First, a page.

Thursday, June 13, 2019

Smoochie Butt

The past few days in SF have been wonderfully hot but my boys, being native to this temperate climate, have suffered through it. They were overjoyed to have their temperate weather back today, while I grumbled about freezing my derriere and wishing this city would grace its inhabitants with a proper summer (my husband misses the discernible seasons of the east coast, but there’s one frigid season I can readily live without). Growing up in Australia, I'm flummoxed that my boys consider a beach outing to be one in which everyone is garbed in hoodies and vests. 

The boys have been very interested in the concept of gravity of late and periodically like to drop a ball or a toy and then exclaim its cause-  “that was gravity”. We were discussing how energy is constantly transforming and that they are made of old stars, their elements completing the circle one day by returning to the stars. M in particular loves to run around shouting that everything and everyone is made up of atoms and that we are made from carbon, which he can recognize on the periodic table of elements.

L continues to question the world around him. Why do we have seasons? Why do we have tides? Why is there wind? Why do we have earthquakes? Why do volcanoes erupt? He and his brother in turn have also been particularly interested in the human body. Now they know a simplified version of the various bodily systems and that there are four blood groups, our whole family being the same blood type, the universal giver. Both L and M are mostly fascinated by the immune system (our little protectors!) and I remember being particularly fascinated by this important bodily system as a child (and continue to be). When M fell ill the other week, he declared in his febrile state with a strained voice, “The white cells are giving me fever to fight the germs, mama. I’m sick.” Then demanding I take this temperature (which I did). I remain guilty that a small part of me enjoys the time when they are sick because I get added cuddle time during this period.

L continues to want to be a marine biologist, L an astronaut. Every time he hears M declare his aspiration, L shouts, “not me, I’m afraid of heights” and then requests assurance that I won’t let M embark on such dangerous escapades as going to space until he is fully grown up. I assure him that this would not occur.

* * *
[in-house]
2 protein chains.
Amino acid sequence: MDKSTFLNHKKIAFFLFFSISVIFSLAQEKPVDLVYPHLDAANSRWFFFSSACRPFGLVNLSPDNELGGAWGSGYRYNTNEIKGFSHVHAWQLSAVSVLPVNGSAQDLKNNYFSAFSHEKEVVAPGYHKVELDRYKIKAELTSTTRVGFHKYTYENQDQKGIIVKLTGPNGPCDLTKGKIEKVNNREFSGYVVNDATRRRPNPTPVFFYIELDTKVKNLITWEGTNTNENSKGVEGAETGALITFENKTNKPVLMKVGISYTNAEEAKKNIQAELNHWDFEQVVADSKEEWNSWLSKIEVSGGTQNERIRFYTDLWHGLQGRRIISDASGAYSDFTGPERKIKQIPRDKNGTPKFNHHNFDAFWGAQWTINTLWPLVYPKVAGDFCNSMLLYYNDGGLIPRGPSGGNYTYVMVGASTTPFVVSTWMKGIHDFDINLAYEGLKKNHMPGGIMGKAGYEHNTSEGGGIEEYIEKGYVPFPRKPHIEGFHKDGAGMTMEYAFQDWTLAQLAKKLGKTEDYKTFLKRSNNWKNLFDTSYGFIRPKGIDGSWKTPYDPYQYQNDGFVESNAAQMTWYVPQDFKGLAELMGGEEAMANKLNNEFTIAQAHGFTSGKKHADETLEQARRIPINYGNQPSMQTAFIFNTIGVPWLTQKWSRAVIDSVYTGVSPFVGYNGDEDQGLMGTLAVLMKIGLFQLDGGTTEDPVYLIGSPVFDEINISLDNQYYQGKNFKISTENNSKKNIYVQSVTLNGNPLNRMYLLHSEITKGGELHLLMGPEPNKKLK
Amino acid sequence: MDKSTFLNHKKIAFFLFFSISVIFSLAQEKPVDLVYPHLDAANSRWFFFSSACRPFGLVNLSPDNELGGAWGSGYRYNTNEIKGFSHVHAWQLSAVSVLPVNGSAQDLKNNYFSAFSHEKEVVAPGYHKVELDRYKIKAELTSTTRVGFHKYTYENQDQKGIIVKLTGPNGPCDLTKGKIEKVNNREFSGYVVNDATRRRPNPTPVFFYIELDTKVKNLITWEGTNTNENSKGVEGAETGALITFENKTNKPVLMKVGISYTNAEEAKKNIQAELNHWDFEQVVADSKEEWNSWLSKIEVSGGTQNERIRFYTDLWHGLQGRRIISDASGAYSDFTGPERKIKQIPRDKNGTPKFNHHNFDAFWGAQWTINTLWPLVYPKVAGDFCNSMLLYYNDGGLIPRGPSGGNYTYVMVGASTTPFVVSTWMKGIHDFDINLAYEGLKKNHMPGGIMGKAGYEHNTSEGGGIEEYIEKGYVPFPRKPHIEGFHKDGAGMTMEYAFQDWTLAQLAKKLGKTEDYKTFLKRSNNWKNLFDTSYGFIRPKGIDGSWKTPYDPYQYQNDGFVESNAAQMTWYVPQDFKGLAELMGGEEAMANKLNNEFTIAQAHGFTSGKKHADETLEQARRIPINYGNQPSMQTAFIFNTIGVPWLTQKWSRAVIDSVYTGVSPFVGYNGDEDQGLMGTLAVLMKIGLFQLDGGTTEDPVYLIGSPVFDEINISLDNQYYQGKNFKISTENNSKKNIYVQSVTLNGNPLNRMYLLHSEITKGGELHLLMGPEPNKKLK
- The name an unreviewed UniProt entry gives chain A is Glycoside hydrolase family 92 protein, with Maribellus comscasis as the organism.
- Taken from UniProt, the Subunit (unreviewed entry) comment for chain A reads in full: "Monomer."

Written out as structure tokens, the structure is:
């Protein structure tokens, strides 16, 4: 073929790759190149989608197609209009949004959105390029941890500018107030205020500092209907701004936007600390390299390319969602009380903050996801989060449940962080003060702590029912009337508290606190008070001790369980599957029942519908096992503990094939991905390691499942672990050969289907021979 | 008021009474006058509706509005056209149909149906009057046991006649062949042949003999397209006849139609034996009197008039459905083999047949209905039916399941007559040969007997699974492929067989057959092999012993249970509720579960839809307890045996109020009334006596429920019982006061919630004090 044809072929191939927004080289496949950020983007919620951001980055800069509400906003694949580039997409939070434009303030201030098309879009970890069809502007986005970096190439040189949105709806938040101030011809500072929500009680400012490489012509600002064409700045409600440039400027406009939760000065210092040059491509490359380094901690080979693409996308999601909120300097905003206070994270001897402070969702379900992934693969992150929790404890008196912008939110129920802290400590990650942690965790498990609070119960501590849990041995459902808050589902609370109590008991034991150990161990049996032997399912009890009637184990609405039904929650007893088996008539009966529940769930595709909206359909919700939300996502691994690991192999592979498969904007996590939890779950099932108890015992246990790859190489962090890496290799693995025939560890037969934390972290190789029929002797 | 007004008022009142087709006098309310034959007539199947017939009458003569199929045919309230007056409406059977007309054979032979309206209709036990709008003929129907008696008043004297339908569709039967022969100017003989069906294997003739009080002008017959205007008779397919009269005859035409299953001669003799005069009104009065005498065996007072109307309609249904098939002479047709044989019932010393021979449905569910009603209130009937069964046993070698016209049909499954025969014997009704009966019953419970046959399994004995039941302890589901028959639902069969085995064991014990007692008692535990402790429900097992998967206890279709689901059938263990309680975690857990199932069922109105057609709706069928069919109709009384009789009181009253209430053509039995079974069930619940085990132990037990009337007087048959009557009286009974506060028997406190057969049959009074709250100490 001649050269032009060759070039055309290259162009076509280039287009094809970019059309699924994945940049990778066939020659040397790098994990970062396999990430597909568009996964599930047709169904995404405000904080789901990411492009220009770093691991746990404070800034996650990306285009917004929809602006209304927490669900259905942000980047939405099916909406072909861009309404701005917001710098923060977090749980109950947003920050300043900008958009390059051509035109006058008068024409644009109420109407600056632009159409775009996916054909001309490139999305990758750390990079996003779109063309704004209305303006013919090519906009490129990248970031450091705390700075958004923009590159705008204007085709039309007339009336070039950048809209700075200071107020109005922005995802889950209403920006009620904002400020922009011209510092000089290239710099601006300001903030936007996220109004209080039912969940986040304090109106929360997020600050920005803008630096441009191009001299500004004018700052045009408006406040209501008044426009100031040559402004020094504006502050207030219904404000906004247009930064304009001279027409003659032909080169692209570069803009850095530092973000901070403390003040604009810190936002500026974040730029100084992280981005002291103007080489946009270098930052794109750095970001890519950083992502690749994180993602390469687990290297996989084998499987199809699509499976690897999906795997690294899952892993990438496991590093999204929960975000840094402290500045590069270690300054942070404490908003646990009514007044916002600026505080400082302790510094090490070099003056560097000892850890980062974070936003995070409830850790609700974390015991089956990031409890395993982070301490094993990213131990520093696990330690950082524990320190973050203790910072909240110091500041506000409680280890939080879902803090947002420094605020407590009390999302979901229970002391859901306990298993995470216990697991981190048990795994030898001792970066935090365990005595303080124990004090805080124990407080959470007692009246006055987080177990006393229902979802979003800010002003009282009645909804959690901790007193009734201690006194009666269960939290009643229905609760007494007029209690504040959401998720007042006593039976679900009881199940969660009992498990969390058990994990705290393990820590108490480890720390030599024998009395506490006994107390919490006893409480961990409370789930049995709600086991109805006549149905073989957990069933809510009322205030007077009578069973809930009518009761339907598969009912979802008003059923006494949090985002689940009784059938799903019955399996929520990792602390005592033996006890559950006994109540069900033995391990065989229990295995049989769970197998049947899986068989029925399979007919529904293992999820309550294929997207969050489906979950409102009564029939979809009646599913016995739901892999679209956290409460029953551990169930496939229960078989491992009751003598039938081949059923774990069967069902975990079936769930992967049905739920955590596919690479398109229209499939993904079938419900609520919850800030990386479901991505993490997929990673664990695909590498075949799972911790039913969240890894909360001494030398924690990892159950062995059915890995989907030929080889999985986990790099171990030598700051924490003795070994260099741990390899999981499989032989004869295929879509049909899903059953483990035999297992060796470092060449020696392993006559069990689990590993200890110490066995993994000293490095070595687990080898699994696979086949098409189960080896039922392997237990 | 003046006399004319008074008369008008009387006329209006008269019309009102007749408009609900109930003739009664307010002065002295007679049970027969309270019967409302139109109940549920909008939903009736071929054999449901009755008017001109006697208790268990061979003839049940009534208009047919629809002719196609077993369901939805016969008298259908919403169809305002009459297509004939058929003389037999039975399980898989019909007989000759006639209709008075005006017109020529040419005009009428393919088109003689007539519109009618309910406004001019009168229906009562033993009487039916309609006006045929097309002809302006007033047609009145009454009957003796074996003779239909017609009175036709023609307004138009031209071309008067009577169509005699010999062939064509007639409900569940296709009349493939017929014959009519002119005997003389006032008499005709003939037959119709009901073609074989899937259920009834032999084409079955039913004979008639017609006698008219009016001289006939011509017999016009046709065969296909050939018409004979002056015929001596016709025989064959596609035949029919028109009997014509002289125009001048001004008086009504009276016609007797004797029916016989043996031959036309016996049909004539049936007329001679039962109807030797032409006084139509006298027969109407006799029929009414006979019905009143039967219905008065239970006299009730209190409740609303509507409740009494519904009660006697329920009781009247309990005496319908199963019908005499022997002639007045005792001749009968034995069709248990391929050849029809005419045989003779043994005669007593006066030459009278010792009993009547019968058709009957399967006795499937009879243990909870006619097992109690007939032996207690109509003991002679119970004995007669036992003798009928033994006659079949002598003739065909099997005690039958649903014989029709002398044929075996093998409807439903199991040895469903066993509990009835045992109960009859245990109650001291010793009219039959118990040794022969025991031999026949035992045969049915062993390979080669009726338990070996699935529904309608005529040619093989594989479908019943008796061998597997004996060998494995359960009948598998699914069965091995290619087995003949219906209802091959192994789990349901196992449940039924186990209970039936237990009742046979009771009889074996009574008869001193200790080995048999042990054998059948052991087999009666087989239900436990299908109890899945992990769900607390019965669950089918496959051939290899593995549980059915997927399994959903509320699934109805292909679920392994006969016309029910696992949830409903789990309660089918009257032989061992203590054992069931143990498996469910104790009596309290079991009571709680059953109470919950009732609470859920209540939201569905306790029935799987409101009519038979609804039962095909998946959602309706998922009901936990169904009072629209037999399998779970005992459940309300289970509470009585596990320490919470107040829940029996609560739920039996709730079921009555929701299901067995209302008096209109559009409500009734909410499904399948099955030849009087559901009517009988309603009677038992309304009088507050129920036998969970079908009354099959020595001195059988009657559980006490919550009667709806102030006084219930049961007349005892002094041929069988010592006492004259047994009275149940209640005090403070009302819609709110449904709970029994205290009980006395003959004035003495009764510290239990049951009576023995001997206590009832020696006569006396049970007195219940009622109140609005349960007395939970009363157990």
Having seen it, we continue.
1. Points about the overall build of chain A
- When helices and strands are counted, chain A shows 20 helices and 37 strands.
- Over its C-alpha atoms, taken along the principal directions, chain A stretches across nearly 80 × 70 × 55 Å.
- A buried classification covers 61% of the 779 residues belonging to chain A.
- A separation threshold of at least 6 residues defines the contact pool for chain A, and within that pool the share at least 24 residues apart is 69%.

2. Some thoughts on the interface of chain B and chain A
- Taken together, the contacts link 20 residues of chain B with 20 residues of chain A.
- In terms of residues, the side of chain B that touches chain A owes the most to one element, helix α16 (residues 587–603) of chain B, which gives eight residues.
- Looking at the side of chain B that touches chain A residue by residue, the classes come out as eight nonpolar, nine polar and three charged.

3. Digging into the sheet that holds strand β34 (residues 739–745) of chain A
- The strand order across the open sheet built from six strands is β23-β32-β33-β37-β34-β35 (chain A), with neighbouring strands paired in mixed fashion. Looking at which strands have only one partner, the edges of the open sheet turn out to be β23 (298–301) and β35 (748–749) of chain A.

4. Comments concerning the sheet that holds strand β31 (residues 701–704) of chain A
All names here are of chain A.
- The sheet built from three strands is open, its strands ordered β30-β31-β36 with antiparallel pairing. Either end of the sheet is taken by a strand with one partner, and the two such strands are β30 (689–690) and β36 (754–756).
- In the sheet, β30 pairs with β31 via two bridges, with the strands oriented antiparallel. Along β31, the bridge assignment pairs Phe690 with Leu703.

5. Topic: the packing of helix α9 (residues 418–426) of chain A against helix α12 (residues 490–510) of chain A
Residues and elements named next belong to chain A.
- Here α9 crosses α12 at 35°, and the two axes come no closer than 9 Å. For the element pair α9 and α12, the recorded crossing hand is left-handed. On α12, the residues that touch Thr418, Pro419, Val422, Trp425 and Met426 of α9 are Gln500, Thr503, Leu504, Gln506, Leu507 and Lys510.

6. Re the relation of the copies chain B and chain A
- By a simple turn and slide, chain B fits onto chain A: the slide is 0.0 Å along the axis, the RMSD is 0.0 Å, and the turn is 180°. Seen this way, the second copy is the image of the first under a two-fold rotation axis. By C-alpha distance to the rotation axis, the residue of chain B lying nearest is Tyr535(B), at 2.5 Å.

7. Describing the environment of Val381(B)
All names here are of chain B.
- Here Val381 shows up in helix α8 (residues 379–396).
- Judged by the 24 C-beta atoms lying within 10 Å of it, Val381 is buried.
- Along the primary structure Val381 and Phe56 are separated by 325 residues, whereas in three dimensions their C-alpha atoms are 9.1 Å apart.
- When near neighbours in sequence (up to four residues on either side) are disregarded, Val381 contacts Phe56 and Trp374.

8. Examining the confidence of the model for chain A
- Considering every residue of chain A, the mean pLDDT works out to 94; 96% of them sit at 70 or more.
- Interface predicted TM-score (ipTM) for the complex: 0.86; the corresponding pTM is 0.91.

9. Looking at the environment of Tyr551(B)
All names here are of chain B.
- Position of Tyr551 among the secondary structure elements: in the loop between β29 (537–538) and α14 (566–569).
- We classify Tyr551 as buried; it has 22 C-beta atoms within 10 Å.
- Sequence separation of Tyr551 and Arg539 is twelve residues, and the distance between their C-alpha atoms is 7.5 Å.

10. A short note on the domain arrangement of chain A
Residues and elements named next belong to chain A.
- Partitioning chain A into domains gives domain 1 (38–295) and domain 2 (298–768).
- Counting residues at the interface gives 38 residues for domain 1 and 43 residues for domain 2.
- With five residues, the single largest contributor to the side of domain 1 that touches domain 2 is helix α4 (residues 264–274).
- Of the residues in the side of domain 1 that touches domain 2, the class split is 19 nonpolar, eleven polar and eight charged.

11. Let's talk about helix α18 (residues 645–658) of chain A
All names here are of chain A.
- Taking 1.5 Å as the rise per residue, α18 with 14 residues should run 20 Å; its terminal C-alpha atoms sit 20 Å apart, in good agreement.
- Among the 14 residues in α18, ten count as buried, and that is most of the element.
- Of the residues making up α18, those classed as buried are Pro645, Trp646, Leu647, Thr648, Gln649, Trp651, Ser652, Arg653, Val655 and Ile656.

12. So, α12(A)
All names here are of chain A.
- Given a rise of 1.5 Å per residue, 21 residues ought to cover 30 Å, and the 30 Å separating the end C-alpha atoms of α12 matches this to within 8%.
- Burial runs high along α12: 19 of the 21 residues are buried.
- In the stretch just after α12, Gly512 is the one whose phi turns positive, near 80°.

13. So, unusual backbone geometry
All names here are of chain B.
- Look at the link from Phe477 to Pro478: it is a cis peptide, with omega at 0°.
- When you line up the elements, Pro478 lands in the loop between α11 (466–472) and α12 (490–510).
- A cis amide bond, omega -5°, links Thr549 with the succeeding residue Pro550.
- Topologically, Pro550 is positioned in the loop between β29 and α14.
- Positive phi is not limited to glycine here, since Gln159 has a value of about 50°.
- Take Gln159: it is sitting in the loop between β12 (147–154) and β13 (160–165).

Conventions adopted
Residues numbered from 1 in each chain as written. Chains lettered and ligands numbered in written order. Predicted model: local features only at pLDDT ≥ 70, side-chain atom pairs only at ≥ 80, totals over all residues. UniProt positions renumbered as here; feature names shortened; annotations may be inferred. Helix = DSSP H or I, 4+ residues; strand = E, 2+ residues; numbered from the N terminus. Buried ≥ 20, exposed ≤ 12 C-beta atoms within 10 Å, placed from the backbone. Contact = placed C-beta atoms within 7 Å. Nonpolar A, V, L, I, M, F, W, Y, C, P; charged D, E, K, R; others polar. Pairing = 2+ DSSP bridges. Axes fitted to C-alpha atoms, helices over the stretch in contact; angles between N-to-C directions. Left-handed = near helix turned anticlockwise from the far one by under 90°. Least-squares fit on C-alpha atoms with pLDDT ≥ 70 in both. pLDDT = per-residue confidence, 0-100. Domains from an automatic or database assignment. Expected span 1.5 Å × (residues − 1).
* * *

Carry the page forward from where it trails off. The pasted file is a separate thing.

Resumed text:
L has provided everyone in the family with nicknames. I am not in favor of my recently adopted nickname of "smoochie butt" nor am I in favor of the nicknames of various other family members christened by L, all with the same epithet (my father, for instance, is "planet butt").  L thinks this is raucously funny and so does his little brother, who has the worse habit of having a potty mouth whilst still using the potty. Our only consolation is that his expletives have been confined to Serbo-Croatian. Unfortunately, the language is rife with imaginative expletives so that phrases that would flabbergast an English speaker, for instance, a detailed description of how your nemesis keeps company with a hedgehog, are a natural course of colloquial exchange. M likes to sing all manner of pejorative descriptions of his mother, without understanding what he is singing except that it causes his mother some distress which in turn provides him encouragement to continue. My reaction faltered from the start. I burst out laughing. He was thus encouraged to continue. Next, I fibbed that he was informing me he never wanted ice cream, but he either didn’t accept this or didn’t care because he redoubled his efforts. Finally, I explained that what he said meant he didn’t love me and hurt my feelings, in a last resort to arrest his efforts, but this got me nowhere. I was assured he was going to sing his calamity out to all and sundry, but he has confined his cussing to our home. I suppose that is somewhat of a victory.

L has been playing more basketball and football (soccer) and we have let him watch the NBA Finals which he has expectantly followed with anguish and shrewd calculation. Due to basketball’s high scoring, following a game has been quite useful in L’s exercise of addition. How much is one team over the other? Are the Warriors winning or are we behind? For M, who has not yet reached the level of being able to figure the difference between 100 and 103 (which L also struggles with albeit he has no issue in recognizing numbers), it has served well to register two-digit numbers by identifying the various players. Number 30 was thus first registered by M, being a Curry fun. Allowing them to watch the finals has somewhat eased L’s burden of not being allowed to come with us to the Warriors game earlier in the year wherein he quizzed me why he had to wait until he was 8 (this seemed an appropriate age to me on the fly when I was excusing his absence, but I have admittedly not considered it sufficiently to make a qualified decision).